In the far Northeast corner of Europe, a vast land covered by trees, lakes and swamps rests peacefully. Caught between Scandinavia and the East European Plain, this country finds itself somewhat isolated. Its language is nothing like its border-sharing neighbours and its population is small, but homogenic. Historic superpowers formerly fought for this land and left its population reduced to suppressed peasantry. But just over 103 years ago, it finally claimed its independence – the country we today officially know as Finland.
In March 2021, Finland was once again named happiest country in the world according to the UN-sponsored World Happiness Report. Being a member of the United Nations, the European Union and the Nordic Passport Union, Finland has prioritised international cooperation – and in the latter case, worked closely with its Nordic neighbours to introduce and maintain the welfare state that makes it an attractive country to not only stay in for the natives, but also to move to for foreigners.
Quality higher education attracts foreign talent, and the innovative tech-based industry makes them stay. Big companies, such as Nokia, have for many years attracted people from all over the globe to settle and enjoy the unique nature and culture Finland has to offer. 75 percent of the country consists of forests and more than 150 000 lakes adorn the landscape of this sparsely populated Nordic paradise.
However, given that more than 92 percent of the population happen to be ethnic Finns, there is still a gap between foreigners residing in Finland and ethnic Finns. Integrating into a country with such a homogenous population proves to be a challenge in Nordic countries generally. In a globalised world where individuals move across borders more frequently for educational, professional or personal reasons, this gap only becomes wider. Not only do individuals move, so do educational institutions and companies – yet in a figurative sense. Trade moves across borders, and Finland is a part of the internal European market, meaning that educational institutions and companies more frequently use English as the main working language. Furthermore, professionals not only need a place of work, but also a place of community. A home away from home.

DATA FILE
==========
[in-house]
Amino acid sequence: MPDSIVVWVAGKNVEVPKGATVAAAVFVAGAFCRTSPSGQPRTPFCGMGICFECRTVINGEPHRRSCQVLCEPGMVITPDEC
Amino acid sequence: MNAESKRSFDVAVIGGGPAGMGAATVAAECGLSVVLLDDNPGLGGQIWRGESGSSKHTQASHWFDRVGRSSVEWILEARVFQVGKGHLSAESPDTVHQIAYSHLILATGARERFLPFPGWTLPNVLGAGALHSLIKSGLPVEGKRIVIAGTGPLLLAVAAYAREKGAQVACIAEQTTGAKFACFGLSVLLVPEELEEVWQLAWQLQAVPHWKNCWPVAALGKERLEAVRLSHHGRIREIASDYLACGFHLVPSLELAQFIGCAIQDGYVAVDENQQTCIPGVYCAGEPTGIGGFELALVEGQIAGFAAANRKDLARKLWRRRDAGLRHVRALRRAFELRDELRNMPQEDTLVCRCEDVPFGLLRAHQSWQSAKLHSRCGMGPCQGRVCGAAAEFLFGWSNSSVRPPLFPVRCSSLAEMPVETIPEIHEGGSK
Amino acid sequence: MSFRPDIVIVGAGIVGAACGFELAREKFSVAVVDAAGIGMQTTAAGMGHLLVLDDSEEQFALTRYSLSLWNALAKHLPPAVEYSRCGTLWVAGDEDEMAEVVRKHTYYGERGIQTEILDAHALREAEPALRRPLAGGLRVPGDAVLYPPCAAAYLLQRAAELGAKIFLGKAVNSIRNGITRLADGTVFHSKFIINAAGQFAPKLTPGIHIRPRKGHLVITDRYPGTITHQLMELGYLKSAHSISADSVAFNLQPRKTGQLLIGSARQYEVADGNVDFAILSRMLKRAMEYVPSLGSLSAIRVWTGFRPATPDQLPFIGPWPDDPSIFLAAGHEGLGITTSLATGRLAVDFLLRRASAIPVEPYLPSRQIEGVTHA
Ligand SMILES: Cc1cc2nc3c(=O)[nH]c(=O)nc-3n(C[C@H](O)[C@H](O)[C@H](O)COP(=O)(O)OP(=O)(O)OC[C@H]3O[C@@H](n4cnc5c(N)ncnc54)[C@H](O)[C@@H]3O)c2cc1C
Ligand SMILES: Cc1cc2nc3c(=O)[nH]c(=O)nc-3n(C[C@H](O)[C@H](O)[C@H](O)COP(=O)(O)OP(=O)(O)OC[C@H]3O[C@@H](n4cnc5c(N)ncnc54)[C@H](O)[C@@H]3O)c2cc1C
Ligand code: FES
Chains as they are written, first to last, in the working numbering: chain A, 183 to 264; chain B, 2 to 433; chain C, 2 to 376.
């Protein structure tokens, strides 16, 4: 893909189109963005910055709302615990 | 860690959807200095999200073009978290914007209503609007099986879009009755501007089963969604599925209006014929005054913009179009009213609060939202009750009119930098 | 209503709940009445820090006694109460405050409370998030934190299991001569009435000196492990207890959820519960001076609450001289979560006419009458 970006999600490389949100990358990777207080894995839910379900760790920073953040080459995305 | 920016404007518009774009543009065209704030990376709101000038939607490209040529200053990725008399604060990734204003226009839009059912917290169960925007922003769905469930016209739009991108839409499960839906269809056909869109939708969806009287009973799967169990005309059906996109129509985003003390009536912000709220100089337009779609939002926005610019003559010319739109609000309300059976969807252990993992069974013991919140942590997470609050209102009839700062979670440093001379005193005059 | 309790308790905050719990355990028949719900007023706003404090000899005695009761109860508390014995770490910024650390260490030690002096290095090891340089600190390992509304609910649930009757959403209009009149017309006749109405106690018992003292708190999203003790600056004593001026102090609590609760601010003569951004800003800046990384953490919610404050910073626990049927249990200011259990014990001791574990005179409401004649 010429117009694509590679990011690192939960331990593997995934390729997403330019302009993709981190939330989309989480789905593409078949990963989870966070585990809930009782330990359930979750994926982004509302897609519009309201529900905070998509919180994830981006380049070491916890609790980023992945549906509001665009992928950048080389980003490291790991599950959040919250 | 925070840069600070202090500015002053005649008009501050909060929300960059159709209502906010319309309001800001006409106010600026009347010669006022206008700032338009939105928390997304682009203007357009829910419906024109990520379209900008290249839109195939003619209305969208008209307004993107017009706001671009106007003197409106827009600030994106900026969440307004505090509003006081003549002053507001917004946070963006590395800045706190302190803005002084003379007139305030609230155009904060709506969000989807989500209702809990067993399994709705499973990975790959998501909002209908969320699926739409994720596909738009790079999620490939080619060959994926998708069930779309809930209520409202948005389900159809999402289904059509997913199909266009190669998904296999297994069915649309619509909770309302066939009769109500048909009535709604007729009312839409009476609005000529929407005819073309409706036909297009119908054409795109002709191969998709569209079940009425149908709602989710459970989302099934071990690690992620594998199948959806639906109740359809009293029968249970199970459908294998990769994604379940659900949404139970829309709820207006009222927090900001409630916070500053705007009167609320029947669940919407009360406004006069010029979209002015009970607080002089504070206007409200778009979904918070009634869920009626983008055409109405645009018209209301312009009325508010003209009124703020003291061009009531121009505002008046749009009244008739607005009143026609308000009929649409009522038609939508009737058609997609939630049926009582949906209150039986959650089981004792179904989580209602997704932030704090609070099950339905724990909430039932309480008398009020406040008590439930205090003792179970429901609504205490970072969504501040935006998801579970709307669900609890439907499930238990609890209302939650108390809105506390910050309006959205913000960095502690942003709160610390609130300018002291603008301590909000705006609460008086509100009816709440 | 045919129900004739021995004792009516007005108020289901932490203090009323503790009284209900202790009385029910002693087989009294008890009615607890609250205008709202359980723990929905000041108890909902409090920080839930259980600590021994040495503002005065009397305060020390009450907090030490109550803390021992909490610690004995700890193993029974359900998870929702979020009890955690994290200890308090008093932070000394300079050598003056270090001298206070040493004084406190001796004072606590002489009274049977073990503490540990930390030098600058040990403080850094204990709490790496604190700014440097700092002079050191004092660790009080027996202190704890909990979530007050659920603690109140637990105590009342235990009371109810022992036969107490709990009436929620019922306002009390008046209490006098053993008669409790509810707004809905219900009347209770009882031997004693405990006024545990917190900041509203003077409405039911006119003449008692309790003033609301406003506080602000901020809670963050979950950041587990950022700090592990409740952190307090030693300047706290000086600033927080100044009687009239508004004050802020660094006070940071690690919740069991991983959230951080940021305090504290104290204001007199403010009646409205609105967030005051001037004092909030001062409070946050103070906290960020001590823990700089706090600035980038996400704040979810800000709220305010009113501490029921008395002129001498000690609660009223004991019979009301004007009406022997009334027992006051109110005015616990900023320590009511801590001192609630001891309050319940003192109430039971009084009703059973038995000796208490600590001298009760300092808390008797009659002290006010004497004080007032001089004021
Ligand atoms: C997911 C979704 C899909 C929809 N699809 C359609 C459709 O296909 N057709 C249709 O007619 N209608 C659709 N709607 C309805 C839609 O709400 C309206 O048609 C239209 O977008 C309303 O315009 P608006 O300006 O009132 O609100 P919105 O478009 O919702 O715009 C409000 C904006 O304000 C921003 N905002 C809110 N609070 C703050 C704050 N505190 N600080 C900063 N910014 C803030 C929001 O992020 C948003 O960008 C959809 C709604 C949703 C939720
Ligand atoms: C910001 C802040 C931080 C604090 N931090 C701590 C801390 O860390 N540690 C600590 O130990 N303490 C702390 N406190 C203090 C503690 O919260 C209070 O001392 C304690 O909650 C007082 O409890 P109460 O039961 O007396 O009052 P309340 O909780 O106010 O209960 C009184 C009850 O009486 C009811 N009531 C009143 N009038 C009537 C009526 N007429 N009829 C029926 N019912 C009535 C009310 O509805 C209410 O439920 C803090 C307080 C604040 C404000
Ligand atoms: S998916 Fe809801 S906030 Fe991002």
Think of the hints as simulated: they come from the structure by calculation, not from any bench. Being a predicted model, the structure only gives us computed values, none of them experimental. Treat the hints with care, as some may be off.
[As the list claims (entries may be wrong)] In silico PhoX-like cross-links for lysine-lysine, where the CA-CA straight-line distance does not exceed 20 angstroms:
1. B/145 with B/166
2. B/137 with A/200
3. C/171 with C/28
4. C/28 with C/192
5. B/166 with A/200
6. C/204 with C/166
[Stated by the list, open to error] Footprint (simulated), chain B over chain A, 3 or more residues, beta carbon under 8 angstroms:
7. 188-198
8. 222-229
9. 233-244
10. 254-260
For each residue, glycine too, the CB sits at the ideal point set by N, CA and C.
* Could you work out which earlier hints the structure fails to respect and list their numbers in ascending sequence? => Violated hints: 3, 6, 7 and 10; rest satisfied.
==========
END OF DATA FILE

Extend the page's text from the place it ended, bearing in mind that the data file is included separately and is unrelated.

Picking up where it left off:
Such developments only increase the demand of a space where internationals living in Finland and international-minded ethnic Finns can meet to create friendships across cultures and learn valuable soft skills that benefit personal, social and professional development. This is where Bloom comes into the picture with a mission to provide a cosy members-only ‘living room’ space where people can meet, socialise and grow together. Bloom facilitates this gathering through its attractive and central location of Kehräsaari in the heart of Tampere, where people can gather during its opening hours, but also through weekly events ranging from fun quiz nights to empowering workshops for personal and professional development. The membership also entails a wide range of discounts to its members not only at Bloom, but also with its partners.
Bloom launches its space at Kehräsaari on March 30, 2021 and welcomes everyone who is looking for a space to have fun, socialise and grow personally and professionally.
We hope to bloom in an area near you in the future. Learn more about us at www.bloomtogether.fi.
By the Bloom ry